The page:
Intramolecular esterification by lipase powder in microaqueous benzene: Effect of moisture content

Authors

  • Tsuneo Yamane,

    1. Laboratory of Bioreaction Engineering, Department of Food Science and Technology, School of Agriculture, Nagoya University, Nagoya 464, Japan
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  • Yoshikazu Kojima,

    1. Laboratory of Bioreaction Engineering, Department of Food Science and Technology, School of Agriculture, Nagoya University, Nagoya 464, Japan
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    • On leave from Nagoya Seiraku Co., Ltd., 310 Nakasuna-cho, Tenpakuku, Nagoya 468, Japan.

  • Takayuki Ichiryu,

    1. Laboratory of Bioreaction Engineering, Department of Food Science and Technology, School of Agriculture, Nagoya University, Nagoya 464, Japan
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  • Masahiro Nagata,

    1. Laboratory of Bioreaction Engineering, Department of Food Science and Technology, School of Agriculture, Nagoya University, Nagoya 464, Japan
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  • Shoichi Shimizu

    1. Laboratory of Bioreaction Engineering, Department of Food Science and Technology, School of Agriculture, Nagoya University, Nagoya 464, Japan
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Abstract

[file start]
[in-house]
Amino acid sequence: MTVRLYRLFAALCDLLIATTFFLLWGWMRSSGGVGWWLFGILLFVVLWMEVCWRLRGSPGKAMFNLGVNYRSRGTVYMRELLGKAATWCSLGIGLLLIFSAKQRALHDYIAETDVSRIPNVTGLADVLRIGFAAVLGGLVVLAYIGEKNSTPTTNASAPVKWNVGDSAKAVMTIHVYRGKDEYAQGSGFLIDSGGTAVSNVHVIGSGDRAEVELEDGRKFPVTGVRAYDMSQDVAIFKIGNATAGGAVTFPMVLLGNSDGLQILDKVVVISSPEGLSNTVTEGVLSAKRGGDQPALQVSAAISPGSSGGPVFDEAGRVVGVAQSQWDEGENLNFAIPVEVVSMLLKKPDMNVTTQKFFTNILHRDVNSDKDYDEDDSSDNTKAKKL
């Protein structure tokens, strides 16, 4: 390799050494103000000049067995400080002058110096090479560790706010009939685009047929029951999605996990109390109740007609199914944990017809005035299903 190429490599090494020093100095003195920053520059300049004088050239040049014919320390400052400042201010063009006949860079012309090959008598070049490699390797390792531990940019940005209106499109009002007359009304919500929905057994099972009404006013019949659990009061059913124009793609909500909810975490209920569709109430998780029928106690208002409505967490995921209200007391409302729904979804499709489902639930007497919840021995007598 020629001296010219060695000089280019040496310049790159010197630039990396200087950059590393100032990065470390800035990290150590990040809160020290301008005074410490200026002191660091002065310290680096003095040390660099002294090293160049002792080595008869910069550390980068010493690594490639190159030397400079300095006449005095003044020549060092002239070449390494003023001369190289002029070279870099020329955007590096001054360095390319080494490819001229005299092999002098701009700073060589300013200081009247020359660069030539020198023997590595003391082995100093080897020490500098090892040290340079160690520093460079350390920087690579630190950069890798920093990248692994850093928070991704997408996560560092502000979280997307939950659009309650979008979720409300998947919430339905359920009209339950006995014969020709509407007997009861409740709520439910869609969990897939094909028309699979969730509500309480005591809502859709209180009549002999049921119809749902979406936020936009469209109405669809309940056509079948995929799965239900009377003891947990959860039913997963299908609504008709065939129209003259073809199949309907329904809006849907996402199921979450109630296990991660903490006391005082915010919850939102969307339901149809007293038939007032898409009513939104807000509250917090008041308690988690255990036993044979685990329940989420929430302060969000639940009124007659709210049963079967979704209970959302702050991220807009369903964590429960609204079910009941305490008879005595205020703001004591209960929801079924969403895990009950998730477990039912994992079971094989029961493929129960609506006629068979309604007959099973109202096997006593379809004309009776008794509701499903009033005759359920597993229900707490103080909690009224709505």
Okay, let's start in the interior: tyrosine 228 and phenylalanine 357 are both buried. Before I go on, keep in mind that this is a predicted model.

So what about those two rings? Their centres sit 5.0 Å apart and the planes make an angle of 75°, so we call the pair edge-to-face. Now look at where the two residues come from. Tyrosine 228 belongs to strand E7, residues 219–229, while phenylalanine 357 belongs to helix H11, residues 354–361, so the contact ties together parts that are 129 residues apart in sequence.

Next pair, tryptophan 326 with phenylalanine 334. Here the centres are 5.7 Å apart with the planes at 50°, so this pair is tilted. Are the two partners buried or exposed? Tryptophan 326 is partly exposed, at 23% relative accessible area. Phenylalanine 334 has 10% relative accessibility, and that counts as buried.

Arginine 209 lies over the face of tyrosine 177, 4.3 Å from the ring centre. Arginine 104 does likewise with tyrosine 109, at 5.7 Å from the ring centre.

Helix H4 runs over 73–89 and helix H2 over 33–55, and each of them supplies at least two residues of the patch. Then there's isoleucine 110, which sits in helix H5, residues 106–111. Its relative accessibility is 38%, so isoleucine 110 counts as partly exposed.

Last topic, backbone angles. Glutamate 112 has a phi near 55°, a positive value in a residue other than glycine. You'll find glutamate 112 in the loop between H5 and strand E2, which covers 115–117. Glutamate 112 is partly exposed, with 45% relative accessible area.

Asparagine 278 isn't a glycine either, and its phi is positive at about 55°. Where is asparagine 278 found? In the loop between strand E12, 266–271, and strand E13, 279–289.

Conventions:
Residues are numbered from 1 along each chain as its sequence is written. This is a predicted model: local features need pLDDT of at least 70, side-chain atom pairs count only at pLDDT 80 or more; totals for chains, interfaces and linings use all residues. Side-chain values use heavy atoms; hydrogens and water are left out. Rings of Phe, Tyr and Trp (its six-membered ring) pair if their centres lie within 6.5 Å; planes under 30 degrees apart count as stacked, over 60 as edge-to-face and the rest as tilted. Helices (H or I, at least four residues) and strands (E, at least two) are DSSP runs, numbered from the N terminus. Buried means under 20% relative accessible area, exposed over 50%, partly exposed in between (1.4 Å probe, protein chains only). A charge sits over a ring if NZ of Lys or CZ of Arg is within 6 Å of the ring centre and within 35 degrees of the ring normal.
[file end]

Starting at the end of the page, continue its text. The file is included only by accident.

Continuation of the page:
In view of the biochemical reaction catalyzed by enzyme powder suspended in a water-insoluble organic solvent, an equation was derived to estimate the amount of water bound to the enzyme powder. With this equation, an apparent adsorption isotherm between free water (water freely dissolved in benzene) and bound water (water bound to crude lipase powder of Pseudomonas fluorescens) was obtained. A direct lactonization reaction (synthesis of cyclopentadenolide from 15-hydroxypen-tadecanoic acid) catalyzed by crude lipase powder of Pseudomonas fluorescens was carried out batchwise in microaqueous benzene at 40oC. A kinetic model of the enzymatic reversible lactonization reaction was derived, from which the effect of moisture content on the initial reaction rate with a fully hydrated enzyme was mathematically expressed. The observed initial reaction rate first increased, then decreased with increasing moisture content, giving rise to the maximum rate at a certain level of the moisture content. The drop in the reaction rate at lower moisture content was due to a lesser hydration of the enzyme molecule (hydration-limited) and the decrease in the reaction rate at higher moisture content was attributed to the dependence of the true initial rate of the reversible reaction on the moisture content (true reversible reaction limited), and could be simulated by the kinetic model. The equilibrium yield approached 100% at a lower moisture content.

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